Being Different in the World of Sportscasting

posted by Logan Anderson June 25, 2018 0 comments

While I’m away on vacation I asked a couple of industry friends to write guest posts so I can enjoy vacation and not worry about the website! One of the people who graciously offered to help was Alex Rawnsley of A huge thanks to Alex!

On a separate note, I am an avid reader of Alex provides great resources and perspective for sportscasters of all ages. I strongly recommend visiting his site when you’re done with this post. 

We all want the golden pipes. The slick, smooth, baritone voice, the iconic pitch and inflections of an Emrick, Buck, Michaels or Scully. In a subjective world such as sportscasting, any ability to prove you’re just like the other guys can be valuable in a job hunt, triggering an employers nostalgia or tapping in to an existing preference. But what happens when you’re different? What happens when you don’t sound like, or look like everyone else.

Hi. My name is Alex Rawnsley, and I’m a hockey broadcaster in British Columbia, Canada. I’m also proud to be born and raised in Australia, meaning I sound more like Steve Irwin and Paul Hogan, than Steve Jones or Paul Romanuk.

Needless to say, the Australian accent mixed with the Canadian national (winter) sport, isn’t one that would help me trigger nostalgia, or play into an existing preference with potential employers. But thanks to a lot of hard work, I’ve been heavily involved in sportscasting since 2010, calling hundreds of games in that span.

So what do you do when you’re a little different? How do you beat the bias and prove you’re the best person for the job, when someone else may sound ‘better’? Here’s three techniques I’ve used in my career to jump to the front of the cue.

  1. Be more than just a voice
    I’m a huge advocate of having what I call secondary skills. These are things that aren’t necessarily broadcast related, but will aid in helping you become more valuable to a team, school or station. Things like graphic design, video editing, podcast production, sales and more can all turn you into a complete package and offset any perceived deficiencies in your broadcast voice or style.
  2. Admit you’re different
    One thing I’ve been focusing on during my career, particularly when I first address a new audience, is to address the elephant in the room. In a professional, but humerous way, I’ll casually address the fact that I’m Australian. Whether it’s explaining an Australian slang word that I’d consider ‘normal’, but a North American audience wouldn’t necessarily understand or just acknowledging the accent is a great way to humanise yourself to your audience and create a connection.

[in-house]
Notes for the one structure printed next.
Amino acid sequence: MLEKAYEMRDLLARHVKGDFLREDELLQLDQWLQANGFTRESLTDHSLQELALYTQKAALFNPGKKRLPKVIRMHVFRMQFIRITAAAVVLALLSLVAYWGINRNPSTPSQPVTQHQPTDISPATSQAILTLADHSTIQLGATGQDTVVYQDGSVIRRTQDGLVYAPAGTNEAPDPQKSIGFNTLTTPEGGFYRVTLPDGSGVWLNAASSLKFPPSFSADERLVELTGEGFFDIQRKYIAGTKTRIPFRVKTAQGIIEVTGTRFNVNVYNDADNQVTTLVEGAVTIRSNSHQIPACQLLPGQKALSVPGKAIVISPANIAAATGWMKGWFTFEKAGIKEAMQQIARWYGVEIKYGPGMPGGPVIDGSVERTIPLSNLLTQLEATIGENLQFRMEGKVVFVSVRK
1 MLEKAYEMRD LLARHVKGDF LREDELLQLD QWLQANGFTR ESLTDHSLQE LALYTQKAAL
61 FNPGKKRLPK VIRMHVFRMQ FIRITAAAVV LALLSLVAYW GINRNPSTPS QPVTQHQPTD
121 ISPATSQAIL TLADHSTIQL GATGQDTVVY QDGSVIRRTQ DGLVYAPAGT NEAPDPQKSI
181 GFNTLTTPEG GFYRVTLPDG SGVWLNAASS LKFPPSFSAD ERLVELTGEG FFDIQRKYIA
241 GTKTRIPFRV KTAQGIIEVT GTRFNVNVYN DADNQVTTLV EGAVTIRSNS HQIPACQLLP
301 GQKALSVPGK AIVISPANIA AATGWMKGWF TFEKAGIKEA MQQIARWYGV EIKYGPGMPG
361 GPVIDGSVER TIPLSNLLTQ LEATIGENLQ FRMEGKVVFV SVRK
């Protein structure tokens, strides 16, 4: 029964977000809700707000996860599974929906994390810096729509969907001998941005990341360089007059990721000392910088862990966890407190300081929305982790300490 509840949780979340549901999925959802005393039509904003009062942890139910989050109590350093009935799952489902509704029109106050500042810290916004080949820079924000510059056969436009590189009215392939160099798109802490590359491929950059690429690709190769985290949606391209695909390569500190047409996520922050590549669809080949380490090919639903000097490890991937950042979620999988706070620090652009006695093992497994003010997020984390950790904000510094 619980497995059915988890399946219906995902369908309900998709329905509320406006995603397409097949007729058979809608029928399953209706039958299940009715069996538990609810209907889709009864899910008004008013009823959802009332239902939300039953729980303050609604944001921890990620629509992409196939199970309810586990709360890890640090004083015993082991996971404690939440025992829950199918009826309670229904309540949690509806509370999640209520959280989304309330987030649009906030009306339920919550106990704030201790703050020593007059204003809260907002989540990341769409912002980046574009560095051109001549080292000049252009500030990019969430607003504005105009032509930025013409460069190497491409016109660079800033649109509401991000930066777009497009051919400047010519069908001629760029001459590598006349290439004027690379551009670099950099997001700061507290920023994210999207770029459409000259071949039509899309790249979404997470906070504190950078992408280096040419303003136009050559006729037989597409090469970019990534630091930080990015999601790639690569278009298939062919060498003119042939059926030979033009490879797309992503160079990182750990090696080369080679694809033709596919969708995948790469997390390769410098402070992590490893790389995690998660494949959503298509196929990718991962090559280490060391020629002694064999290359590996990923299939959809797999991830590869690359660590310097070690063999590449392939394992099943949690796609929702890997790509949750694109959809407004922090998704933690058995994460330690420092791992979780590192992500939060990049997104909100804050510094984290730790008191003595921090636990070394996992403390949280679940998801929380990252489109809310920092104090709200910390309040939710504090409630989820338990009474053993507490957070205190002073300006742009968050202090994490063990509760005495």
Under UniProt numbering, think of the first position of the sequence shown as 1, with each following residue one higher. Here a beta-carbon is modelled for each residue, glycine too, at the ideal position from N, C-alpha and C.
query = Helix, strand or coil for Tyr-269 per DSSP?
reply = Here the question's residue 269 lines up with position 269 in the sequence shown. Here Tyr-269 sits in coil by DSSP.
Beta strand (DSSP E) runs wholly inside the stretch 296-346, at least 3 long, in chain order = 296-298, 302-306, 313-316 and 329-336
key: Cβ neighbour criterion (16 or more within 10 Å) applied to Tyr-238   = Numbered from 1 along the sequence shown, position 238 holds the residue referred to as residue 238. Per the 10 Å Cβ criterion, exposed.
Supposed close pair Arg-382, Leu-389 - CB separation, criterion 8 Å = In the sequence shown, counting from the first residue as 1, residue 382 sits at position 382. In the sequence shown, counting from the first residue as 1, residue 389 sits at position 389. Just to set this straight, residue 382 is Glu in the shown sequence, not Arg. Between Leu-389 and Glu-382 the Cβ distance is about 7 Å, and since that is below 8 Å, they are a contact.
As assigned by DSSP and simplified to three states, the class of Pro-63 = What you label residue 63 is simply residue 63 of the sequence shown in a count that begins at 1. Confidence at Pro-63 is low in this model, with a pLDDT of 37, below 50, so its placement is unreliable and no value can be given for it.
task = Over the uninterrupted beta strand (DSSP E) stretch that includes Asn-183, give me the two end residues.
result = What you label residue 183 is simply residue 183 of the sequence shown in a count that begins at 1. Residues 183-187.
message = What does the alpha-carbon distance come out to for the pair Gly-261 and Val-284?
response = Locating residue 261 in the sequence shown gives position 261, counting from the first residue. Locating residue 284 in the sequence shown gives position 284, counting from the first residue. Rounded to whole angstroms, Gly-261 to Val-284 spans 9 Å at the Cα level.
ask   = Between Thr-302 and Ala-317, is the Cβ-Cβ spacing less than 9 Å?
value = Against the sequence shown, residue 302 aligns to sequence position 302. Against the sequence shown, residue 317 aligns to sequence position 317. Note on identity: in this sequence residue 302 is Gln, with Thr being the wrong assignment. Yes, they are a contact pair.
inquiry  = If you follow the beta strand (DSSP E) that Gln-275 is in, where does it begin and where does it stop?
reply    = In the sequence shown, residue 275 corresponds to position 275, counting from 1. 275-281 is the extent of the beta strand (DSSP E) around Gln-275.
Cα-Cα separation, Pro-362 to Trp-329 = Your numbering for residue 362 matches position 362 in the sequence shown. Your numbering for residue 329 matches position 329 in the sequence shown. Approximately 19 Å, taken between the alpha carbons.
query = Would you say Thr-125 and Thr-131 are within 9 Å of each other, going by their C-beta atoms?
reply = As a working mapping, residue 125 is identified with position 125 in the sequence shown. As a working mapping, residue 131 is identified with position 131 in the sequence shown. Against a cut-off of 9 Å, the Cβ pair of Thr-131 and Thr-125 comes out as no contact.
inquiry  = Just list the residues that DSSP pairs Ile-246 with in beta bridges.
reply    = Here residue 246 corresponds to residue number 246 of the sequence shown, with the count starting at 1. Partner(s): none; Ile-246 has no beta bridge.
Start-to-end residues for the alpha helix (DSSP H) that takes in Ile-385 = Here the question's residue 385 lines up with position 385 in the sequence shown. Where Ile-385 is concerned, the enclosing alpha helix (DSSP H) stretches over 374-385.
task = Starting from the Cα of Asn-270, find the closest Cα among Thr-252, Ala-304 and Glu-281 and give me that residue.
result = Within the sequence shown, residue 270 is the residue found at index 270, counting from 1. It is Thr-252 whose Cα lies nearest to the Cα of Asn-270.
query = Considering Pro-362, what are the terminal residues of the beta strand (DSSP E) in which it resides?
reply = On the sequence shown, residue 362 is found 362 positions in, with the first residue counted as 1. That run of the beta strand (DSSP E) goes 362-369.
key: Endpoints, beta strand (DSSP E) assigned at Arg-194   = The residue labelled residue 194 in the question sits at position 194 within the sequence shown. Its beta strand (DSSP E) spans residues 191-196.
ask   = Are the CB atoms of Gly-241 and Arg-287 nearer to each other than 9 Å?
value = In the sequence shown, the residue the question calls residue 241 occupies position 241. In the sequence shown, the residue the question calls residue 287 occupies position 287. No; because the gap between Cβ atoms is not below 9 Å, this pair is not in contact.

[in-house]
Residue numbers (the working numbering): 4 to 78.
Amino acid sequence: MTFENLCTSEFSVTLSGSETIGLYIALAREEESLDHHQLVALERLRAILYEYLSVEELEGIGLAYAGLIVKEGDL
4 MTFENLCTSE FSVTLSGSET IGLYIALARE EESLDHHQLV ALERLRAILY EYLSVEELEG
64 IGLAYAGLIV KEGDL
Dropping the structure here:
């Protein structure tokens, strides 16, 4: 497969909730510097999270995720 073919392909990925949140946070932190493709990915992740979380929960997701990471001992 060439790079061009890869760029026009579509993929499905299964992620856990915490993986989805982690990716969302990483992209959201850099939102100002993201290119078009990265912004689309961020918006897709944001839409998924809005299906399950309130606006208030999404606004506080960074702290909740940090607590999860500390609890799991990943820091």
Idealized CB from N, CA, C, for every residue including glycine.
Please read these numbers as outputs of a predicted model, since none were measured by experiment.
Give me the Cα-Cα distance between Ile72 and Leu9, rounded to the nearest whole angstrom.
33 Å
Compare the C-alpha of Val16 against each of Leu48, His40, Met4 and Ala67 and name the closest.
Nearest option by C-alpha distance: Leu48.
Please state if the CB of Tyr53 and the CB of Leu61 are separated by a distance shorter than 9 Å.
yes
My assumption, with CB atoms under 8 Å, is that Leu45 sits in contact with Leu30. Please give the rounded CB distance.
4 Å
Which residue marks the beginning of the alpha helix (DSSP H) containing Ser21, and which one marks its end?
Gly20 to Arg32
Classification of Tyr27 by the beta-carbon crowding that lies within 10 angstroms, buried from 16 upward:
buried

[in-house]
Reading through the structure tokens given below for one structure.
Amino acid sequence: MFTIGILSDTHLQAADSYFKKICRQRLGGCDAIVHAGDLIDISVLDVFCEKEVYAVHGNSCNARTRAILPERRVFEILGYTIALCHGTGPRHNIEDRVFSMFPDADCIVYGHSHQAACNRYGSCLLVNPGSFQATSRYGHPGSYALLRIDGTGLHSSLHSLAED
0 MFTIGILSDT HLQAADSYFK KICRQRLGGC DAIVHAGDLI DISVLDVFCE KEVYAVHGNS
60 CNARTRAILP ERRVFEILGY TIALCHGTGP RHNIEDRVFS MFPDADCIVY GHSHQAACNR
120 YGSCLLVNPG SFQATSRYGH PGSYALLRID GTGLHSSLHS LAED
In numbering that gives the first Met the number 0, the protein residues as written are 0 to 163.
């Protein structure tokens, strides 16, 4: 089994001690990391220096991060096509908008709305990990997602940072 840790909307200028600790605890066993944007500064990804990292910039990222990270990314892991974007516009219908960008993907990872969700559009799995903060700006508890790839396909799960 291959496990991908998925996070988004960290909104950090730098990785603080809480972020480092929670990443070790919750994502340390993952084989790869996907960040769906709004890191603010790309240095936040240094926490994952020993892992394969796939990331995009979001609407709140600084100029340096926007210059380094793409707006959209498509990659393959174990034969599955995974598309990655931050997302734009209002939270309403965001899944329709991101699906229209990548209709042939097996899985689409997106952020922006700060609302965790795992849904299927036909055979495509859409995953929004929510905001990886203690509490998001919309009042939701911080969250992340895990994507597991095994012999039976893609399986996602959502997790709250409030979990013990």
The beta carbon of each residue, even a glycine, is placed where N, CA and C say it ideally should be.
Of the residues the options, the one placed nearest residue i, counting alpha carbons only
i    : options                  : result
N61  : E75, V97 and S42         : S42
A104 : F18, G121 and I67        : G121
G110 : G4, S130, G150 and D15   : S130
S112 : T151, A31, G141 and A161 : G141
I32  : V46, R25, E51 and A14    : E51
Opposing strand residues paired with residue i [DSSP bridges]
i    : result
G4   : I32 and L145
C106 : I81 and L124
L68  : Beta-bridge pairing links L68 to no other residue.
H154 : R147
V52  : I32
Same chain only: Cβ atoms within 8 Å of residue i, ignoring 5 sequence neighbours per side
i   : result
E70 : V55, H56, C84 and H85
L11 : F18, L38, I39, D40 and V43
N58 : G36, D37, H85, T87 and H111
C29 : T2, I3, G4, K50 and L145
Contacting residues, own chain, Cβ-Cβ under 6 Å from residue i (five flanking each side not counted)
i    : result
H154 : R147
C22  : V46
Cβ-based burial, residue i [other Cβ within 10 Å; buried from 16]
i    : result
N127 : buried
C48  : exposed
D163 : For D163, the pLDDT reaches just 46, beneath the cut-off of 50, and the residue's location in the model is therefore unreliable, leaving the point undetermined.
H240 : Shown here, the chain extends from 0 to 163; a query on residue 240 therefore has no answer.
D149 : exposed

3. Show You’re Committed to Improving
    While this tip isn’t exclusive to broadcasters without that golden voice, it is especially important in creating the complete package. If you can’t get by with silky smooth pipes, get by on your commitment to your craft. That means being the first in, the last to leave and the hardest worker while you’re there. If an employers sees a less than ideal voice as a drawback, your work ethic and dedication to being the best should certainly make up for it.

I know that in my career, I’ve rarely been the first choice for broadcast assignments. Whether it’s because others had more experience, or simply ‘sounded better’, I am certain that I was rarely the best broadcaster amongst my peers. What I truly believe set me apart though was my ability to bring more to the table, to not shy away from my natural voice, and to routinely go into a game and working to make it better than my last.

The fact of the matter is that we’re not all born with magic vocal chords that can produce the ideal sports broadcasting voice. But it doesn’t mean a successful sports broadcasting career isn’t on the cards.

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